If you feel cranky after a long night, it is probably because your brain’s ability to regulate emotions is compromised by fatigue, according to research published in the Journal of Neuroscience.
The Centers for Disease Control and Prevention (CDC) call insufficient sleep a “public health problem” and estimate that 30% of Americans get less than 6 hours of sleep a night.
Lack of sleep is linked to motor vehicle crashes, industrial disasters, and medical and other occupational errors. Diseases linked to sleep insufficiency include hypertension, diabetes, depression, obesity and cancer.
Until now, it has not been clear what causes the emotional impairments triggered by sleep loss.
The new research, led by Prof. Talma Hendler of Tel Aviv University (TAU) in Israel, identifies the neurological mechanism responsible for disturbed emotion regulation and increased anxiety due to lack of sleep.
It also shows how sleep deprivation can affect our ability to regulate emotions and allocate brain resources for cognitive processing.
Researchers kept 18 adults awake all night and had them take two rounds of tests while undergoing brain mapping using functional magnetic resonance imaging (fMRI) and/or an electroencephalogram (EEG).
The first test was taken after a good night’s sleep and the second after spending a night awake in the lab.
In the first test, participants had to describe the direction in which small yellow dots moved over distracting images. These images were “positively emotional” (a cat), “negatively emotional” (a mutilated body) or “neutral” (a spoon).
After a good night’s rest, participants identified the direction of the dots hovering over the neutral images faster and more accurately, and their EEG pointed to differing neurological responses to neutral and emotional distractors.
After a wakeful night, however, they performed badly in both the neutral and the emotional image tests, and their electrical brain responses did not reflect a highly different response to the emotional images, indicating a lower degree of regulatory processing.
- 43% of Americans aged 13-64 years say they do not get enough sleep
- 60% have problems sleeping most nights
- Most Americans feel that 7.5 hours is an appropriate length of time to sleep.
TAU graduate student Eti Ben-Simon, who conducted the experiment, believes that sleep deprivation may universally impair judgment, but it is more likely that a lack of sleep causes neutral images to provoke an emotional response.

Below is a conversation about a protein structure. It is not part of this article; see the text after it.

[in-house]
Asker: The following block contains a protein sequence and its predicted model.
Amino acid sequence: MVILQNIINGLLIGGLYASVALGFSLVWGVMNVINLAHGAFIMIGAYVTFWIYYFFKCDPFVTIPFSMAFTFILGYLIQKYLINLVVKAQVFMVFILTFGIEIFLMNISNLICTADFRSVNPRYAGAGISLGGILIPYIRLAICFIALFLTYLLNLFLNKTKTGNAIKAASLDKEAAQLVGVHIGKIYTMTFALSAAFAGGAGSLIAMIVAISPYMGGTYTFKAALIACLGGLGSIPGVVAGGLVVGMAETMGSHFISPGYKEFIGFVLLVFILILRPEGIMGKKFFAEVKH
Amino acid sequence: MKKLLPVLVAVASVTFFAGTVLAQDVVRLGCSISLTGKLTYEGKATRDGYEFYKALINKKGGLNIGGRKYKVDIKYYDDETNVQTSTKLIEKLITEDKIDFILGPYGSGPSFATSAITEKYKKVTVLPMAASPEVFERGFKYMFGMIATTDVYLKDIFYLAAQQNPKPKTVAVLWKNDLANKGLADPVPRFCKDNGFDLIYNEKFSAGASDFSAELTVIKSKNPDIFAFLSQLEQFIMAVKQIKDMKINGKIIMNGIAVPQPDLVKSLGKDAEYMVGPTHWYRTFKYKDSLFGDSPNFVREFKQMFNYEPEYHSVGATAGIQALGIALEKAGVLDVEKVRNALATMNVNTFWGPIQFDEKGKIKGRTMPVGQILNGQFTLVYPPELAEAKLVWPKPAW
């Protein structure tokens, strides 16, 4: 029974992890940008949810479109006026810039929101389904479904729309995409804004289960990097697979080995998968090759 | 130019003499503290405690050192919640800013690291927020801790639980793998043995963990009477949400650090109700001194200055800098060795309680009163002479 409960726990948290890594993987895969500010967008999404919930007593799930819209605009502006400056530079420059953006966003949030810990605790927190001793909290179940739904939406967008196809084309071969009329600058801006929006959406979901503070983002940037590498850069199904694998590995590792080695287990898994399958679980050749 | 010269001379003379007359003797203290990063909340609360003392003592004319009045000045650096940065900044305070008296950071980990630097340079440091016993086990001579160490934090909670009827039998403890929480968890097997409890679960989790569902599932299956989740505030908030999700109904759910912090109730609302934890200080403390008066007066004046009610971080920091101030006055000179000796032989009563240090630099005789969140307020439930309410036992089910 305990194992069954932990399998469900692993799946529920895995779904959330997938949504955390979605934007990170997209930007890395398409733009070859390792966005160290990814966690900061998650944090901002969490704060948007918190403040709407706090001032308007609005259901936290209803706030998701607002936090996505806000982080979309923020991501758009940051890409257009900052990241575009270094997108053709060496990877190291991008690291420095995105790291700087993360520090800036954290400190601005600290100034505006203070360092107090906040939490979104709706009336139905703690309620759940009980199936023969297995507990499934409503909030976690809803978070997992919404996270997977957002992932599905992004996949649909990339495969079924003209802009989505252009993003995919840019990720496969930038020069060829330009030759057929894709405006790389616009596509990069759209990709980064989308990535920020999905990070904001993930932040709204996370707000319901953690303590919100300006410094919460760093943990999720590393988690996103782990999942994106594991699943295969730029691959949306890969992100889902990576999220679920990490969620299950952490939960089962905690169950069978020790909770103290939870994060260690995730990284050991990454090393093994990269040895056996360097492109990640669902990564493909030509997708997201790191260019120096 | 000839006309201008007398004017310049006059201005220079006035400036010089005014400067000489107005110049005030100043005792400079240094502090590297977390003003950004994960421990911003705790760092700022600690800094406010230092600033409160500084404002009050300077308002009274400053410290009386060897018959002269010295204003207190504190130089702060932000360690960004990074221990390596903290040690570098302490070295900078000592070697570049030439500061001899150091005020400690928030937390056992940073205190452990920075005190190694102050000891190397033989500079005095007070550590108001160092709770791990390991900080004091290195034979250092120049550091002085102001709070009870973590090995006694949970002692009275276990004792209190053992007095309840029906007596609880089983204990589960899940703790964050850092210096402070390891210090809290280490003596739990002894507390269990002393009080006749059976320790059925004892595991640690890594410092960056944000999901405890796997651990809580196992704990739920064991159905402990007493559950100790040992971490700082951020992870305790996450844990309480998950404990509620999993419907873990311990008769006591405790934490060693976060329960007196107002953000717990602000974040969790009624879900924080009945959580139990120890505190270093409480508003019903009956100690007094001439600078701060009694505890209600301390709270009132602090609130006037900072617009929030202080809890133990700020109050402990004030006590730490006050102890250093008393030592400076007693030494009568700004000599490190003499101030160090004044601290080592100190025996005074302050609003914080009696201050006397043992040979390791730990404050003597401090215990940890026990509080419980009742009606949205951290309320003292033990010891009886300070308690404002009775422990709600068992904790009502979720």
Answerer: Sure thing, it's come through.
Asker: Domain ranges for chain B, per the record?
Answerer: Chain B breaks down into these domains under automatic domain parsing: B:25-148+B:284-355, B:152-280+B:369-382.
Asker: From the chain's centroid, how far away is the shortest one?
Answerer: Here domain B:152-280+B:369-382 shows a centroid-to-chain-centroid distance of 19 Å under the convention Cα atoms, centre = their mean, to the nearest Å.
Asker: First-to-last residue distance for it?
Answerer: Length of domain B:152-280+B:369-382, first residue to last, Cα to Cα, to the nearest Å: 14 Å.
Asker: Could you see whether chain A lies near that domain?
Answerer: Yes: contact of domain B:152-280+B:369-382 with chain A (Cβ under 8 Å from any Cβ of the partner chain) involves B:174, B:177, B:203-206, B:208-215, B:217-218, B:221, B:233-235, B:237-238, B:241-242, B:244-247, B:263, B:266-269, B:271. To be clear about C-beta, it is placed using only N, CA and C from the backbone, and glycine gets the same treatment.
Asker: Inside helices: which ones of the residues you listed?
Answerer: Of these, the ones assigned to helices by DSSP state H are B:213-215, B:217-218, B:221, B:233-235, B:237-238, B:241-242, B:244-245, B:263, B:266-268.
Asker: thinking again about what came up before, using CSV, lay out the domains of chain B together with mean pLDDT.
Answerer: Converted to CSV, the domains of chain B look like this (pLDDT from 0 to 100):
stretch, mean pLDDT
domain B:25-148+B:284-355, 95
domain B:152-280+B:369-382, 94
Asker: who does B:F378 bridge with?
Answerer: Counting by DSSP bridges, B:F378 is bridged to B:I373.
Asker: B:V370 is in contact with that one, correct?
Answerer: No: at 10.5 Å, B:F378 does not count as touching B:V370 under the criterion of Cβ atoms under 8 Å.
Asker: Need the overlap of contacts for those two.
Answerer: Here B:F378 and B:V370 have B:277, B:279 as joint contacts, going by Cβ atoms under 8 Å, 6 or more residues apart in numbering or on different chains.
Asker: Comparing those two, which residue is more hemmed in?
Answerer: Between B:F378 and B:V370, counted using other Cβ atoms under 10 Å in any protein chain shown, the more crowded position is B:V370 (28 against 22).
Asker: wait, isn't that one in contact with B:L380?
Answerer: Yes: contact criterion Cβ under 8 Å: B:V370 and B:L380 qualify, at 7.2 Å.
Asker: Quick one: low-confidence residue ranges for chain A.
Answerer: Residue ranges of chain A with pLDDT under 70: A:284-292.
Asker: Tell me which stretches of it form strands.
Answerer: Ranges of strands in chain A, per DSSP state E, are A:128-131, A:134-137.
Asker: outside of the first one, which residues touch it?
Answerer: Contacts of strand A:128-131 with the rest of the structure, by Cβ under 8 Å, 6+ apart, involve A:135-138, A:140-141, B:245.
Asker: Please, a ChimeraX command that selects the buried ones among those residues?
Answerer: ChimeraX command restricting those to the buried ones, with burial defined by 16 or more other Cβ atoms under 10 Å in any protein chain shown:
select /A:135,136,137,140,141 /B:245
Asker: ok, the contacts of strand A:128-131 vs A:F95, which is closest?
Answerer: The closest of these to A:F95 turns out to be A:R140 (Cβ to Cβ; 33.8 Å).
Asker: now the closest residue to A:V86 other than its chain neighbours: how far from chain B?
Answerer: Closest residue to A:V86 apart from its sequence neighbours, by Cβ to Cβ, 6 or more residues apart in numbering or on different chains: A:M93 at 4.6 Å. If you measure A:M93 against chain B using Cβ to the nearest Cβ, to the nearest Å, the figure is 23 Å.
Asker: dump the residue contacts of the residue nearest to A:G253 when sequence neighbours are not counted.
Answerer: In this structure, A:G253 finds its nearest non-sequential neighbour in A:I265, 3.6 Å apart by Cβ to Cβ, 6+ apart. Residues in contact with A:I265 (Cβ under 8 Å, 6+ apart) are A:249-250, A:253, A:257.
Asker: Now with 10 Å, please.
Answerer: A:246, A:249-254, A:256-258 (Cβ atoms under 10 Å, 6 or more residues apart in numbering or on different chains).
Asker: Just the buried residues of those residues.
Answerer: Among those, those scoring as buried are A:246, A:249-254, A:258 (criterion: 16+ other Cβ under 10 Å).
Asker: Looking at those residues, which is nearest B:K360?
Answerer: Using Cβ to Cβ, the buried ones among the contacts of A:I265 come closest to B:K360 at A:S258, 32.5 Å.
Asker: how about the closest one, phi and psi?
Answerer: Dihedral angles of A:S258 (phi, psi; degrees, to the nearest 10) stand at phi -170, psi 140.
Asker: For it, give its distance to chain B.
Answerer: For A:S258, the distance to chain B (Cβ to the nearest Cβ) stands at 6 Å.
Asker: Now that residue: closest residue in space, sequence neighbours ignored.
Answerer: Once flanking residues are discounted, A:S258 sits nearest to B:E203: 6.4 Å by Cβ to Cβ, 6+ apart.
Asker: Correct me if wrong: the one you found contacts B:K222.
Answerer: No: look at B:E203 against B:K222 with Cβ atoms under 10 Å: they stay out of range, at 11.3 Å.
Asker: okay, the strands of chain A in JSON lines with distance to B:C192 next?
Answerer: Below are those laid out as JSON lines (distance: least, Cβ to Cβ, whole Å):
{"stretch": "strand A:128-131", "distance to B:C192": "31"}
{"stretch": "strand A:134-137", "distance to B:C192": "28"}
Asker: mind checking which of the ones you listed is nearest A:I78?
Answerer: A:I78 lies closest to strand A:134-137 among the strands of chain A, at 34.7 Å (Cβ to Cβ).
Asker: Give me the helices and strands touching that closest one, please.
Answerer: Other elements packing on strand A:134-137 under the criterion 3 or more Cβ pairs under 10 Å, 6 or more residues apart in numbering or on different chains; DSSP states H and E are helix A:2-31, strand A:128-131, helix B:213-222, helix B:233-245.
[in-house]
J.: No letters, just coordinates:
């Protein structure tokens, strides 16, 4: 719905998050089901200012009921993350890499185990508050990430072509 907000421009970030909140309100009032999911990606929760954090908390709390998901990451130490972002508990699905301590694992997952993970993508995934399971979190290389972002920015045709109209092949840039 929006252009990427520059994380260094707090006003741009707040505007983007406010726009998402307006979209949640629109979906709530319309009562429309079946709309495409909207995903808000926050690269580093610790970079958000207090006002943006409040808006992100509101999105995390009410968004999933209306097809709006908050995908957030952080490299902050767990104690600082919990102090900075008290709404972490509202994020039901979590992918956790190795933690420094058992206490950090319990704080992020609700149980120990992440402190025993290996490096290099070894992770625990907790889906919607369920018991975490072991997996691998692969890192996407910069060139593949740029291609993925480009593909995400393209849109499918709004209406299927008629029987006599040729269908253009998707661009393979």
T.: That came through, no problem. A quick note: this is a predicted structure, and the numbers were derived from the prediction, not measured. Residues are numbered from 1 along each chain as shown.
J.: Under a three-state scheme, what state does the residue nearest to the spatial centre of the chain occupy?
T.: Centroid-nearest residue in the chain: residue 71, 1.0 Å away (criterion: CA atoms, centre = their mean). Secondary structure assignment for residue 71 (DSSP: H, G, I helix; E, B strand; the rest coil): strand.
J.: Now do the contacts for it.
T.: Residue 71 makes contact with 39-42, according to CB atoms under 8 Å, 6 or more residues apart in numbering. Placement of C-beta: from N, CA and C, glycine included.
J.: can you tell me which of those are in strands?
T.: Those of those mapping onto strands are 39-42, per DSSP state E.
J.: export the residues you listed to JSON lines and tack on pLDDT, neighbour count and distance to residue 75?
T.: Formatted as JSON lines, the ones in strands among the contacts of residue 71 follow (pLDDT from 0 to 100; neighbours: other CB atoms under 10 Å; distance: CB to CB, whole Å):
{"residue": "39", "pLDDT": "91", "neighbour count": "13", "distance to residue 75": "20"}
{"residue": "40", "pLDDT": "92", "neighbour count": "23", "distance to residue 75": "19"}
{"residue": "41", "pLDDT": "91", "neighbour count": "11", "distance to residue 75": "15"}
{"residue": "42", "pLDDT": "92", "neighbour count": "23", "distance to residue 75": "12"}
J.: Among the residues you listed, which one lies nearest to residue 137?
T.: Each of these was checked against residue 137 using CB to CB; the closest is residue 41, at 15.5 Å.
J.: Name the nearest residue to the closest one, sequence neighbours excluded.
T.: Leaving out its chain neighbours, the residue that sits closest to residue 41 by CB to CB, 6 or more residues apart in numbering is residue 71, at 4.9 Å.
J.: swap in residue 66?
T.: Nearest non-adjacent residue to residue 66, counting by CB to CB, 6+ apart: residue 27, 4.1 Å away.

The second test examined concentration levels.
Participants inside an fMRI scanner had to complete a task that demanded their attention to press a key or button, while ignoring distracting background pictures with emotional or neutral content.
This time, researchers measured activity levels in different parts of the brain as participants completed the cognitive task.
After only one night without sleep, participants were distracted by every single image (neutral and emotional), while well-rested participants only found the emotional images distracting.
The effect was indicated by activity change, or what Prof. Hendler calls “a change in the emotional specificity” of the amygdala.
The amygdala is a major limbic node responsible for emotional processing in the brain. It is associated with detection and valuation of salient cues in the environment during cognitive tasks.
Prof. Hendler says:
“These results reveal that, without sleep, the mere recognition of what is an emotional and what is a neutral event is disrupted. We may experience similar emotional provocations from all incoming events, even neutral ones, and lose our ability to sort out more or less important information. This can lead to biased cognitive processing and poor judgment as well as anxiety.”
The team had only expected that sleep loss would intensify the processing of emotional images and thus impede brain capacity for carrying out tasks, but they were surprised to observe a significant impact on the processing of both neutral and emotionally charged images.
A lack of sleep appears to compromise the brain’s ability to decide what is important. Suddenly, everything appears to be important; there is a loss of neutrality and sense of proportion.
The new findings highlight sleep’s vital role in maintaining good emotional balance and promoting mental health.
The researchers are currently examining how sleep interventions, mostly focusing on REM sleep, may help decrease the emotional dysregulation seen in anxiety, depression and traumatic stress disorders.
Research published recently in Medical News Today suggested that people might not need more than 6.5 hours’ sleep a night.